Science Confirms: Everyone Else Does Not Have More Friends Than You

Photographed by Ashley Armitage.
If you've ever felt like all your friends have way more friends than you do, you're definitely not alone.
A recent study from the University of British Columbia found that 48% of college freshmen polled believed that their friends had made more friends than they did since the school year began.
The study, published in the Personality and Social Psychology Journal, indicated that the freshman felt that their peers were doing better than they were socially, and it had an effect on their sense of well-being beyond just feeling a little left out.
Ashley Whillans, an author of the study, told NPR that while high-achieving people (such as those likely to attend college), believe that they're well-equipped to handle challenges, feeling like their peers are doing better socially made people feel as if there was something wrong with them. However, Frances Chen, the study's lead author, also told NPR that it really only may seem that way.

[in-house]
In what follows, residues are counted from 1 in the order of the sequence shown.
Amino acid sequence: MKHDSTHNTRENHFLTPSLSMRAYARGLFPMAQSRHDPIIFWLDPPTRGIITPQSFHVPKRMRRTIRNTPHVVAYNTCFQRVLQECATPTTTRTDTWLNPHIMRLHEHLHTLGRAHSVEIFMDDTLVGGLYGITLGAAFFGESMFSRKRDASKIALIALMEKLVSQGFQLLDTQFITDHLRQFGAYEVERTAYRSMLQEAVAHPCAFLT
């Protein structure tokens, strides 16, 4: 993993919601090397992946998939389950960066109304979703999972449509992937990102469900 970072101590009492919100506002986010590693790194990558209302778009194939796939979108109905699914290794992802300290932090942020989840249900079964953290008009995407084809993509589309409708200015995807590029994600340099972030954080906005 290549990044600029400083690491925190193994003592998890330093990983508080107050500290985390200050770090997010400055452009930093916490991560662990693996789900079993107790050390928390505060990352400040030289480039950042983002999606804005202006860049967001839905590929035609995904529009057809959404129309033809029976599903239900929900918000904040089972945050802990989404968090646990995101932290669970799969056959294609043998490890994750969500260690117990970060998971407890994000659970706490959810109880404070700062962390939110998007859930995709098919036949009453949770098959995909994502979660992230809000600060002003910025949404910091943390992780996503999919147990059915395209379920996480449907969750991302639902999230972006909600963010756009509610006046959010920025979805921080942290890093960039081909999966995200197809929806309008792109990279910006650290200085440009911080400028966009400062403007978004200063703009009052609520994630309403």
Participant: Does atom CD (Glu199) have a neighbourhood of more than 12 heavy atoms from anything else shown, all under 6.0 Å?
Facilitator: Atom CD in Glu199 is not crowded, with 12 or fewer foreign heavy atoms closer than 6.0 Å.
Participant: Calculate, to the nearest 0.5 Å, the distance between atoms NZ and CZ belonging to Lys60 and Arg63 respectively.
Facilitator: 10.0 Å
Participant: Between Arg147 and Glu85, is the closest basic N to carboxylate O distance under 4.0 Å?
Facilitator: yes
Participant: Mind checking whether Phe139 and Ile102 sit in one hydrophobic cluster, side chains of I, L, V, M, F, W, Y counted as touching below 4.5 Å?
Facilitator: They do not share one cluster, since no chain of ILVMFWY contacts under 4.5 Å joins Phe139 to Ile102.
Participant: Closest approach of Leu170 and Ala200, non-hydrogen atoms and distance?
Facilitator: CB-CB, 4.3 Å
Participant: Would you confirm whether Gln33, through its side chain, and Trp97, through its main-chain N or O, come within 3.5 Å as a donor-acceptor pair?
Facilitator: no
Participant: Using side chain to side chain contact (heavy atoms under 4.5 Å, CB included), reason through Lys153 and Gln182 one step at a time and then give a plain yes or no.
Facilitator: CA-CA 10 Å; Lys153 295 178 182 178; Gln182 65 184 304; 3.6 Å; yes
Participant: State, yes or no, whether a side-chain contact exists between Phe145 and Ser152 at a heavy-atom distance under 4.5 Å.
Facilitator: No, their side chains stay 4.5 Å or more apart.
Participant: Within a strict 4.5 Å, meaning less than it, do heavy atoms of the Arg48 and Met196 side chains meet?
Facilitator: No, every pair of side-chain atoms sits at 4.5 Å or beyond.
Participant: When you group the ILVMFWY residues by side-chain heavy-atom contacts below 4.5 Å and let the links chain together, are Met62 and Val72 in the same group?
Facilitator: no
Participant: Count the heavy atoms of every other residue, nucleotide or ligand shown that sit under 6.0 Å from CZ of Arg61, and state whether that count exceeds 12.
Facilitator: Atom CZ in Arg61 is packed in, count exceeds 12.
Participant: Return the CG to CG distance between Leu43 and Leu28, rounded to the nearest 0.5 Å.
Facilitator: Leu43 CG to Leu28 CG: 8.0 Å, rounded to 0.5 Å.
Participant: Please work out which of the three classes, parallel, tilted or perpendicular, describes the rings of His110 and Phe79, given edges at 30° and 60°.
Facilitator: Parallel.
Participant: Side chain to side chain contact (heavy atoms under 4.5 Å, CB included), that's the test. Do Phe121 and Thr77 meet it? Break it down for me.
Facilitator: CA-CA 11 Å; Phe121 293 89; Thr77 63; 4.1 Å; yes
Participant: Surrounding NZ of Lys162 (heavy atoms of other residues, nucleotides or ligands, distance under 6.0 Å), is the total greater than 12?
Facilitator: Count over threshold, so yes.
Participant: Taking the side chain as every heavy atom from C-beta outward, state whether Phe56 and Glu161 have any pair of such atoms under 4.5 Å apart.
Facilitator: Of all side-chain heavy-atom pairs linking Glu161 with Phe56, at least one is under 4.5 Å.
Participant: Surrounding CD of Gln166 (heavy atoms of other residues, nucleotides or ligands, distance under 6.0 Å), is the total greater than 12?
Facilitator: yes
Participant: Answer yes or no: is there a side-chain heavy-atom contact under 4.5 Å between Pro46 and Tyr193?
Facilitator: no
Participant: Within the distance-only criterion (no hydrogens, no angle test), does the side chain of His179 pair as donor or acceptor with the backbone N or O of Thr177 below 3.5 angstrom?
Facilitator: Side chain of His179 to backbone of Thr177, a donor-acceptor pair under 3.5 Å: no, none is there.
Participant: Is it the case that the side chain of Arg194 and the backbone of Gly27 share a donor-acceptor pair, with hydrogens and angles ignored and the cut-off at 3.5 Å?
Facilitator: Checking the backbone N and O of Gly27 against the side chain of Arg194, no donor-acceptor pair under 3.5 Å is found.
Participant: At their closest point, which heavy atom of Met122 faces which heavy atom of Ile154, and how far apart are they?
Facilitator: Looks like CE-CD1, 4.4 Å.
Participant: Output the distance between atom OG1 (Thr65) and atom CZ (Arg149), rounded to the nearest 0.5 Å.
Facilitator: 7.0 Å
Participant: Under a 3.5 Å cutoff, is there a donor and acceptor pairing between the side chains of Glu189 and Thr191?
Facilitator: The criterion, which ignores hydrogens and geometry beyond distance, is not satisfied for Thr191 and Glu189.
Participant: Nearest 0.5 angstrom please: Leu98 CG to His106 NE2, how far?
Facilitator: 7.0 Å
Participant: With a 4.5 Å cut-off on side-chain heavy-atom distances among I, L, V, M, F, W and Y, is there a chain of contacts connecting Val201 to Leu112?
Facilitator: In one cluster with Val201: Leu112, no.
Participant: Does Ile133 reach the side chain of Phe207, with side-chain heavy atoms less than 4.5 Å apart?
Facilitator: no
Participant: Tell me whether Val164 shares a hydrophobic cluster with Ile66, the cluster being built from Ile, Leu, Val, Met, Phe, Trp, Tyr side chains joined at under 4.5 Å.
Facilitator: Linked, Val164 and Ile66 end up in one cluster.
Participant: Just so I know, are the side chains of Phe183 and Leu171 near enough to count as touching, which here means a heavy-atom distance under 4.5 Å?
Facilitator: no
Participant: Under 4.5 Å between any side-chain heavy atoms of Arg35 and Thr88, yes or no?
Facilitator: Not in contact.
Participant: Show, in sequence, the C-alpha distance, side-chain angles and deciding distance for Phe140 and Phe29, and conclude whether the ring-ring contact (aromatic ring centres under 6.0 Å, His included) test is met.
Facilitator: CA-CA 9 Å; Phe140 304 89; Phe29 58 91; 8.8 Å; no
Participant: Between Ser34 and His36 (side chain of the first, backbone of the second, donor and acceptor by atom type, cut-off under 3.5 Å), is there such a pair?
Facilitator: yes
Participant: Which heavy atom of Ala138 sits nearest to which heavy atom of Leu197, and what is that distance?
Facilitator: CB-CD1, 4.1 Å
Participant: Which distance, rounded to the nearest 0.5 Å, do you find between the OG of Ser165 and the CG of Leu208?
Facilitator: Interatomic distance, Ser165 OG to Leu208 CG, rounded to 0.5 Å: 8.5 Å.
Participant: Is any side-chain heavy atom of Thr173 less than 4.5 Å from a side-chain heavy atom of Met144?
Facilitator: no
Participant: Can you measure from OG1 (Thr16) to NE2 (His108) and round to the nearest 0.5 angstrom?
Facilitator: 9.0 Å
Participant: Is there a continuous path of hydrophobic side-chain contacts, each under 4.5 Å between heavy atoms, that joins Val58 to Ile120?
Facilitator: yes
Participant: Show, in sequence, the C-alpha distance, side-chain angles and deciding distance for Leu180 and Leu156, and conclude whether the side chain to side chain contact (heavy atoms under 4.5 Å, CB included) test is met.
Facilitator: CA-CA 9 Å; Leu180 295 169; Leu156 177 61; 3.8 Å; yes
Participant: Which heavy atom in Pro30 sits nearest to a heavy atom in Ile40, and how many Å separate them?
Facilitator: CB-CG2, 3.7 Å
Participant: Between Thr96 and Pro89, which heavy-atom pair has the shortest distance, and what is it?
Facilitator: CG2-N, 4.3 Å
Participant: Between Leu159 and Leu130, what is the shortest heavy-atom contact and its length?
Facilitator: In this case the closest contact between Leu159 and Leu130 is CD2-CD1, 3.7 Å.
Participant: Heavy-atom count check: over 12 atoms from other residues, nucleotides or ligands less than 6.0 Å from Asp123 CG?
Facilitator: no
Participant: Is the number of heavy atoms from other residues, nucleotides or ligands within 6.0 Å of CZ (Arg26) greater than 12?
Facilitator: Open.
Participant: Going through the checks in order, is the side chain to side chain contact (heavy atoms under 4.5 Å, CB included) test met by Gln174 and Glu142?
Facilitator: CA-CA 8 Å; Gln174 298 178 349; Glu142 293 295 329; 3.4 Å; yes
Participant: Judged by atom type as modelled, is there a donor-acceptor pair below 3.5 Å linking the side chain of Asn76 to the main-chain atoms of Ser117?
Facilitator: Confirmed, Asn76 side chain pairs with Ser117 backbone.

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"Since social activities, like eating or studying with others, tend to happen in cafes and libraries where they are easily seen, students might overestimate how much their peers are socializing because they don't see them eating and studying alone," she said.
But even if it's not exactly true that you're missing out, it's an isolating experience to feel as if everyone is hanging out without you. It isn't a feeling that's exclusive to college students — anyone who's ever felt a little FOMO can probably attest to feeling as if you're behind on the social curve.
However, it's hopefully heartening to hear the researchers' insight that your friends aren't really all developing close-knit BFF-style friendships with a ton more people than you are.
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